A week in which we’re hearing a lot about stress, depression and anxiety in policing: firstly, a national broadsheet telling us the financial cost of almost 800 officers being off sick during a snapshot survey recently undertaken. (The true figure will be higher as only 35 of 43 police forces responded – the Telegraph speculated it would exceed 1,000.)
Then today, we learn that one police force in the North-East of England has seen days lost to mental health related conditions quadruple over the last three years. In some forces, 1.5% of the workforce is off sick with a mental health related condition. All of this in a profession that tends to employ more men than women, at ages where men are at greater risk of suicide than at other times in their lives.
Most of us know someone who is off work with stress, depression or anxiety – or we are someone who has been off work with such conditions. Of course, not all of that is because of policing. I have supervised many people over the years who have been through difficult personal periods in their lives, coping with bereavement, divorce and financial problems. Officers who have had to endure serious illness, child access problems and other complex problems, including disciplinary investigations. So as with any profession or job: the police are made up of ordinary men and women doing a difficult job and it has its pressures, but they are also people with personal lives that give rise to stresses and pressures too. Very obviously.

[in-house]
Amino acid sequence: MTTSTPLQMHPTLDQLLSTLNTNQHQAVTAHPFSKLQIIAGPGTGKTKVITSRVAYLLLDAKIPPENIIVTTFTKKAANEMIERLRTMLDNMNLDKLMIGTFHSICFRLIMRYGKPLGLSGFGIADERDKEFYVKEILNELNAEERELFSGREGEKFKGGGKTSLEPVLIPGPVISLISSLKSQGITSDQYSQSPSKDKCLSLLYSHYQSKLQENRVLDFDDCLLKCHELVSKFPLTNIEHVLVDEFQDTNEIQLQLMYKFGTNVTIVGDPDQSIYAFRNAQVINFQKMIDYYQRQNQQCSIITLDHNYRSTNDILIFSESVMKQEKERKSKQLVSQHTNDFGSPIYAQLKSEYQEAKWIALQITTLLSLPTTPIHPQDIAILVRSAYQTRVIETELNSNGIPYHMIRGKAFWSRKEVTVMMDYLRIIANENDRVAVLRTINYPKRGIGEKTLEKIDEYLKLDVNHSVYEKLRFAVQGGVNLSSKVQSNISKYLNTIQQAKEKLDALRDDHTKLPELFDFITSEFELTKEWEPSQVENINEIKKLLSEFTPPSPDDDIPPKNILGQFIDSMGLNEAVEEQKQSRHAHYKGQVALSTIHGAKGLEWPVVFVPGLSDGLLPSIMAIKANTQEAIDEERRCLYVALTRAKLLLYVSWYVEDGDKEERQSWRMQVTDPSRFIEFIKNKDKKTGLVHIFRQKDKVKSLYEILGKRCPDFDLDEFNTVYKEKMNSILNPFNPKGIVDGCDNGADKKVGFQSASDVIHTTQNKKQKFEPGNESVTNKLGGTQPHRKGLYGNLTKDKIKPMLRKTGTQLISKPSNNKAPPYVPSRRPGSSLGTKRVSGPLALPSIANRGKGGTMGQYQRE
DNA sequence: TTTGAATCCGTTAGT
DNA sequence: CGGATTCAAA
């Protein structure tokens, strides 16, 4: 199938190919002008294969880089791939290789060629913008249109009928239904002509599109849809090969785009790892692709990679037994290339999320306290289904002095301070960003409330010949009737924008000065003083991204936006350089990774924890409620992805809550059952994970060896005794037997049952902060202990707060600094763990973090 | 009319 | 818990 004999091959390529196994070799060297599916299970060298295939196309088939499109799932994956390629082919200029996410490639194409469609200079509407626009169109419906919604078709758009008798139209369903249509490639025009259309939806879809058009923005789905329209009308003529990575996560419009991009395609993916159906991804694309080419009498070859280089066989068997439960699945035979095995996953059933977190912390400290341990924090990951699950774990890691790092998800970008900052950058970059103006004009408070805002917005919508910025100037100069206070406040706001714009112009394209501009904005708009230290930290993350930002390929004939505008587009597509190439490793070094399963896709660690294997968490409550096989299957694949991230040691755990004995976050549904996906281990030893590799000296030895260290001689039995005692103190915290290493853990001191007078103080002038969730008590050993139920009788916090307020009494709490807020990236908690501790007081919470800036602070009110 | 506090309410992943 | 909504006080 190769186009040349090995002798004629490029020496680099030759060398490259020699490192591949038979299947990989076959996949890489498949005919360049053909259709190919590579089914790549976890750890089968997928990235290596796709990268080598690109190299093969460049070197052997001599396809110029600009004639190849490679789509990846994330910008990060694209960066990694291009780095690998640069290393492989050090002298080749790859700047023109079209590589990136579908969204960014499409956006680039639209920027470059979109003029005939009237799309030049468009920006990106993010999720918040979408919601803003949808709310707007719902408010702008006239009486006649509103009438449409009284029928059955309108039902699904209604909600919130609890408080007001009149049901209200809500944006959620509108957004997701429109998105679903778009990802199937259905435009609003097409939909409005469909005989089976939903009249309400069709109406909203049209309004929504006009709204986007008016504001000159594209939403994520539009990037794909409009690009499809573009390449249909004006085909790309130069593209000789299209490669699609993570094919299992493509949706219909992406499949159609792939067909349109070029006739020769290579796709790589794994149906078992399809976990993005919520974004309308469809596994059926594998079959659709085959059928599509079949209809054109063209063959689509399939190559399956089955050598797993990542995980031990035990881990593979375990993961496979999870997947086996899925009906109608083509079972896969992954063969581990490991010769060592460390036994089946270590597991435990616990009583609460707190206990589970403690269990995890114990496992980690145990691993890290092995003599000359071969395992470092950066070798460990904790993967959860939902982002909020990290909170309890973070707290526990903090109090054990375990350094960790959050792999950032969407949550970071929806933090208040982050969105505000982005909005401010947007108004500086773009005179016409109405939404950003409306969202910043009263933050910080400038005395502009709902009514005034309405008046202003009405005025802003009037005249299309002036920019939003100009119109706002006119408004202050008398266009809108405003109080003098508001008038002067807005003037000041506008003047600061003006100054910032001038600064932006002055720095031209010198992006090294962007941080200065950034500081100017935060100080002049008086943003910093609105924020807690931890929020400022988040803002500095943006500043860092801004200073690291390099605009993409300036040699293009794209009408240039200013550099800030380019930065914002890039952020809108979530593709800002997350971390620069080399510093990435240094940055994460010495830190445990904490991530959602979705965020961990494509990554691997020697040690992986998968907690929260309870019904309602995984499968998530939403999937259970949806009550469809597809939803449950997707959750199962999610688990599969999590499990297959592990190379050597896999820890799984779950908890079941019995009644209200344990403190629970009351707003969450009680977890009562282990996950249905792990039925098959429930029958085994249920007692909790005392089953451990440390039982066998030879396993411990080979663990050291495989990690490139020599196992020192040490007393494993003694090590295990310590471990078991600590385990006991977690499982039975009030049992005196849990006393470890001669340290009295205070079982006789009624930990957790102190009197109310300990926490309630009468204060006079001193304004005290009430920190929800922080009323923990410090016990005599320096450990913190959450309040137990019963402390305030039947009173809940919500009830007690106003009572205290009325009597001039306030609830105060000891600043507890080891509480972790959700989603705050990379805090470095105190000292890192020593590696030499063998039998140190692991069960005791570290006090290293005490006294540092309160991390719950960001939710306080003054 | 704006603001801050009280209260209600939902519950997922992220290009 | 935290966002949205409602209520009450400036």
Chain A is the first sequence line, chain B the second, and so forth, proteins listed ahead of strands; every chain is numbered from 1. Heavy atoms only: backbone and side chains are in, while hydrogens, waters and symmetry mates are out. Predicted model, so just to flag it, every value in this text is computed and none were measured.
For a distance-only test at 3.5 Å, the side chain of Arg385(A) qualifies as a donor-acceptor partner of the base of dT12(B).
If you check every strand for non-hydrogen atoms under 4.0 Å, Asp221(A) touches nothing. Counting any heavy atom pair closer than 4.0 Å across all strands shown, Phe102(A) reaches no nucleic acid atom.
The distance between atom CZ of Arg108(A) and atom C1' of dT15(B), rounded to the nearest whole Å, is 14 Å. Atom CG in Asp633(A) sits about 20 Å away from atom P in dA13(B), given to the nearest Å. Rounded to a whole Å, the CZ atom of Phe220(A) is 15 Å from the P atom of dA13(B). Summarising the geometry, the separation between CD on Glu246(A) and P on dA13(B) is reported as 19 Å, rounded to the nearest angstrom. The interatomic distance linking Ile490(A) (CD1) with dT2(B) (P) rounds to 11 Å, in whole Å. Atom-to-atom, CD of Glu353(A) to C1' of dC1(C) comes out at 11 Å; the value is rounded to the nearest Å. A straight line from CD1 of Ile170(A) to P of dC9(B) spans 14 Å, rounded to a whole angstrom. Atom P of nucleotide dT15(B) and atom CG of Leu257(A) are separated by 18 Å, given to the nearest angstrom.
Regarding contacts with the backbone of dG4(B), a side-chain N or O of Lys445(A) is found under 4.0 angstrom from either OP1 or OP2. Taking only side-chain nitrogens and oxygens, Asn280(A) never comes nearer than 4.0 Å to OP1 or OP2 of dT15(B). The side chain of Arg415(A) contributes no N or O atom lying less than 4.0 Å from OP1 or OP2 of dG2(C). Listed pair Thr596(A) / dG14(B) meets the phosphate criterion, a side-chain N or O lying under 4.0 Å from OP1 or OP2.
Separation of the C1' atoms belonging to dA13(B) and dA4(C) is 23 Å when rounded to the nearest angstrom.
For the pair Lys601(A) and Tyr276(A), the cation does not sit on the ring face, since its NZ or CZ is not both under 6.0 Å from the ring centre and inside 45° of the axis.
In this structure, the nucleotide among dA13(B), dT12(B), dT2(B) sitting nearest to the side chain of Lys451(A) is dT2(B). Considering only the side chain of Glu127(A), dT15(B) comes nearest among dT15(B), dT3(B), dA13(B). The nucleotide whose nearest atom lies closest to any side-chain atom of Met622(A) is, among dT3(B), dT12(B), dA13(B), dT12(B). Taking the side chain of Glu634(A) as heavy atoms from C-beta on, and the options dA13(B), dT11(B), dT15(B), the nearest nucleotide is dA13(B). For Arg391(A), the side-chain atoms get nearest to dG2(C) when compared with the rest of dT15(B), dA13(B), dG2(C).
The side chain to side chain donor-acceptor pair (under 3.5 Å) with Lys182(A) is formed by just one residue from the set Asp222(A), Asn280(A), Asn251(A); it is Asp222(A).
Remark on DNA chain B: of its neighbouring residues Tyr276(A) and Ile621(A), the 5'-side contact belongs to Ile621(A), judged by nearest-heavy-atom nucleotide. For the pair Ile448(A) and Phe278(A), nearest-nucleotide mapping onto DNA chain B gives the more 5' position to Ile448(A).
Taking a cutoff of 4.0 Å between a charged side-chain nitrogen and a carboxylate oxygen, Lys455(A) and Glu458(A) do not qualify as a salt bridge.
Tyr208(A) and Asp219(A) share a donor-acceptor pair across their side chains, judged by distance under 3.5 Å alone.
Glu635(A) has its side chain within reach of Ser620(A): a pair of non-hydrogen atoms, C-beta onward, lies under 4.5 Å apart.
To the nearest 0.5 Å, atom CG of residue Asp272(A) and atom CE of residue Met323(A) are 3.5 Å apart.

ORDINARY PEOPLE – EXTRAORDINARY JOB
It would be easy to identify certain drivers for stress related conditions within policing and assert that all of these things taken together will, for some people, represent the requirement for a quite unsustainable level of effort: let’s start with an unprecedented period of change in both police service structure and in terms of officers pay and conditions – many officers are getting used to the fact that the timescales for their professional service and the point in their lives at which they may expect to retire whilst watching their pension contributions rise against a backdrop of stagnated wages. Add to that a period of internal change in which officers have seen restructures that have altered their role and their hours because Chief Constables have had to think of new ways to make their budgets and their resources match the (rising) demands on the police – sSome officers have been taken from centralised, specialist departments and redeployed to frontline response or neighbourhood policing teams. And finally, all of this against the background of a quite extraordinary set of duties and responsibilities – police officers deal constantly with nNegativity, tragedy and pressure – critical incidents, involving death and serious injury as well as a constant volume of drug and alcohol related crime and disorder. Being abused by a significant proportion of those who are arrested, going to work most days preparing for a fight – many of these things change people’s personality over the years they spend doing the job.